Why Self-Hosted Wallets Are Critical to the Future of the Crypto Economy

Today, the Blockchain Association published a report for policymakers that explains the fundamental role of self-hosted wallets in the cryptocurrency ecosystem and why they are important to the future of free societies. The report is divided into two sections: The first section describes what self-hosted wallets are, their role in the digital asset ecosystem, and the current regulatory framework for managing digital asset transactions involving self-hosted wallets. The second section argues that imposing restrictions on individuals’ ability to use self-hosted wallets would be misguided.

Self-hosted wallets allow individuals to engage in transactions over the internet on a peer-to-peer basis, meaning that no other individuals or entities are parties to the transaction. Peer-to-peer transactions over the internet were impossible before the advent of the first cryptocurrency, and — as is explored throughout the paper — this seemingly straightforward innovation has widespread, profound, and exciting implications for policymaking and society. The ability to “cut out the middleman” in digital transactions creates a new paradigm for individuals, policymakers, and law enforcement alike because traditional digital financial transactions necessarily involve regulated intermediaries.

Some domestic and international regulators are concerned that individuals’ ability to engage in transactions without the use of middlemen creates unacceptable money laundering and terrorist financing (ML/TF) risks. Their concerns are understandable: illicit actors exploit the digital asset ecosystem, just as they exploit cash and the traditional financial system. The report addresses these concerns head-on, arguing that allowing individuals to transact on a peer-to-peer basis over the internet is a net positive for society and is therefore good policy. The paper presents four core arguments:

  1. Cryptocurrencies have long suffered from the (thankfully) fast-fading misperception that they are primarily used for illicit purposes. However, the best available evidence suggests that the percentage of activity (as well as absolute dollar amount) in the traditional financial system that is illicit is higher than the percentage of activity in the digital asset ecosystem that is illicit. Moreover, as evidenced by a string of recent forfeitures, law enforcement has become adept at identifying and seizing ill-gotten digital assets. Thus, additional restrictions on individuals’ ability to use self-hosted wallets would not only represent a disproportionate response to the risks posed by the illicit use of digital assets but would also undermine law enforcement’s ability to establish attribution in cases involving digital assets.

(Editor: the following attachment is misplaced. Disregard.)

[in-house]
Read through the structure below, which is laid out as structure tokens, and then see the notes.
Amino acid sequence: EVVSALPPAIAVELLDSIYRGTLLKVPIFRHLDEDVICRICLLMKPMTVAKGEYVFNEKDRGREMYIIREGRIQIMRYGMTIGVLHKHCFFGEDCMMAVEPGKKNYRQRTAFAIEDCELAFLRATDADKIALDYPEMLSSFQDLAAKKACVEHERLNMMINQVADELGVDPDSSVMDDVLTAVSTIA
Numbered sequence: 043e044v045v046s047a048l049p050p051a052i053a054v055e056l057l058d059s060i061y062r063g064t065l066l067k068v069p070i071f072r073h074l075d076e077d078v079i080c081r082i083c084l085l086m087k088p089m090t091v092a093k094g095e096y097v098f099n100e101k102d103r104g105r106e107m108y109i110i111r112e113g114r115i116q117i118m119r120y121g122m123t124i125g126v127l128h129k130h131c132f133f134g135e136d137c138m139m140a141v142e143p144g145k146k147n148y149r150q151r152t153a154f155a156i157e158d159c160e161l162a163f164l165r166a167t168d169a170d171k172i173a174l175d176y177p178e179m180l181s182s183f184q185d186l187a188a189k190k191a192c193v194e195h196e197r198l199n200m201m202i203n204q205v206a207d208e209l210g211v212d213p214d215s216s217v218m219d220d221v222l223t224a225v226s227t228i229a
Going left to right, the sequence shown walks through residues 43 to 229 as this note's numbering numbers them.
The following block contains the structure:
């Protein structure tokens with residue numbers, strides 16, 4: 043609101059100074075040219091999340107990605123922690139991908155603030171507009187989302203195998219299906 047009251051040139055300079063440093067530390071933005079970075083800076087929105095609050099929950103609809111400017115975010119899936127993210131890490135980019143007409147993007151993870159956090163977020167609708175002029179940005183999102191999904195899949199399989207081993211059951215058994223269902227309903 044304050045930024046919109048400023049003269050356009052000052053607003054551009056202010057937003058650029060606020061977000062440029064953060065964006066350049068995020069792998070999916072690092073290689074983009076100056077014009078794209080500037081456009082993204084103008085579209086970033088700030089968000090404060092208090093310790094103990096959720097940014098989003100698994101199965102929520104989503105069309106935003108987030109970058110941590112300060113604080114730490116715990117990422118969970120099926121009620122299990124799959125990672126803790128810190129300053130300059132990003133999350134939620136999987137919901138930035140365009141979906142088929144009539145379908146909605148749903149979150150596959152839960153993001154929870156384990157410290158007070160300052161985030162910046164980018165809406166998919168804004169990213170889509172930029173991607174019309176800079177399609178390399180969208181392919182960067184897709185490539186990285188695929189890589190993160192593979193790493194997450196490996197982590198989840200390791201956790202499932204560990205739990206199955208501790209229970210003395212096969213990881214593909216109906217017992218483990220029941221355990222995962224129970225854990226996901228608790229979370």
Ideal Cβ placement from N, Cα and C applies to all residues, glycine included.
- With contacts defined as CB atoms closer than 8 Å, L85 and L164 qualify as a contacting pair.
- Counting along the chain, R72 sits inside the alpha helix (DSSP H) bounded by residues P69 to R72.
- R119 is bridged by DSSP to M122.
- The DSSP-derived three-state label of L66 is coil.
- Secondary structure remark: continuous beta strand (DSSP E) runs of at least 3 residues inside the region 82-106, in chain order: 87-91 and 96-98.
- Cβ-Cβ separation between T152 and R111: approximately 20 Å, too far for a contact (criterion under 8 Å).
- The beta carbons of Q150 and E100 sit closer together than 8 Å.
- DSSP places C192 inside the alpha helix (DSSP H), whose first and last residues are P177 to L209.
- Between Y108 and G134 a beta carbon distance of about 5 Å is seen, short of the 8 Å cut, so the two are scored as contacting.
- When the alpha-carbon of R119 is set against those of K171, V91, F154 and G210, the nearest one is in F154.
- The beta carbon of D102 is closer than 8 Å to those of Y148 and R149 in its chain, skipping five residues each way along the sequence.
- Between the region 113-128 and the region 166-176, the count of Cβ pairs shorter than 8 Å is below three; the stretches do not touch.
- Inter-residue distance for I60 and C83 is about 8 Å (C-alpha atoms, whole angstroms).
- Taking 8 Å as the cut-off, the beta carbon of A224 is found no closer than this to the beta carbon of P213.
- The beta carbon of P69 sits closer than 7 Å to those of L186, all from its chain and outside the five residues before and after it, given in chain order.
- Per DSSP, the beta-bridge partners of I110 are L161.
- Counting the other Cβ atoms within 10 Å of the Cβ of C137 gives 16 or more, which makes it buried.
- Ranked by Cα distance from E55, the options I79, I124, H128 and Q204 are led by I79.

While readers may not agree with the conclusions drawn in the paper, restricting individuals’ ability to use self-hosted wallets, and by extension engage in digital peer-to-peer transactions, would have broad and long-lasting consequences for our society. With so much at stake, the Blockchain Association firmly believes that the debate surrounding peer-to-peer transactions using self-hosted wallets must be addressed by Congress. In other words, restricting peer-to-peer transactions using self-hosted wallets is a policy decision that has vast societal implications, and it should therefore be adjudicated by our elected representatives.



The unified voice of the blockchain industry. theblockchainassociation.org

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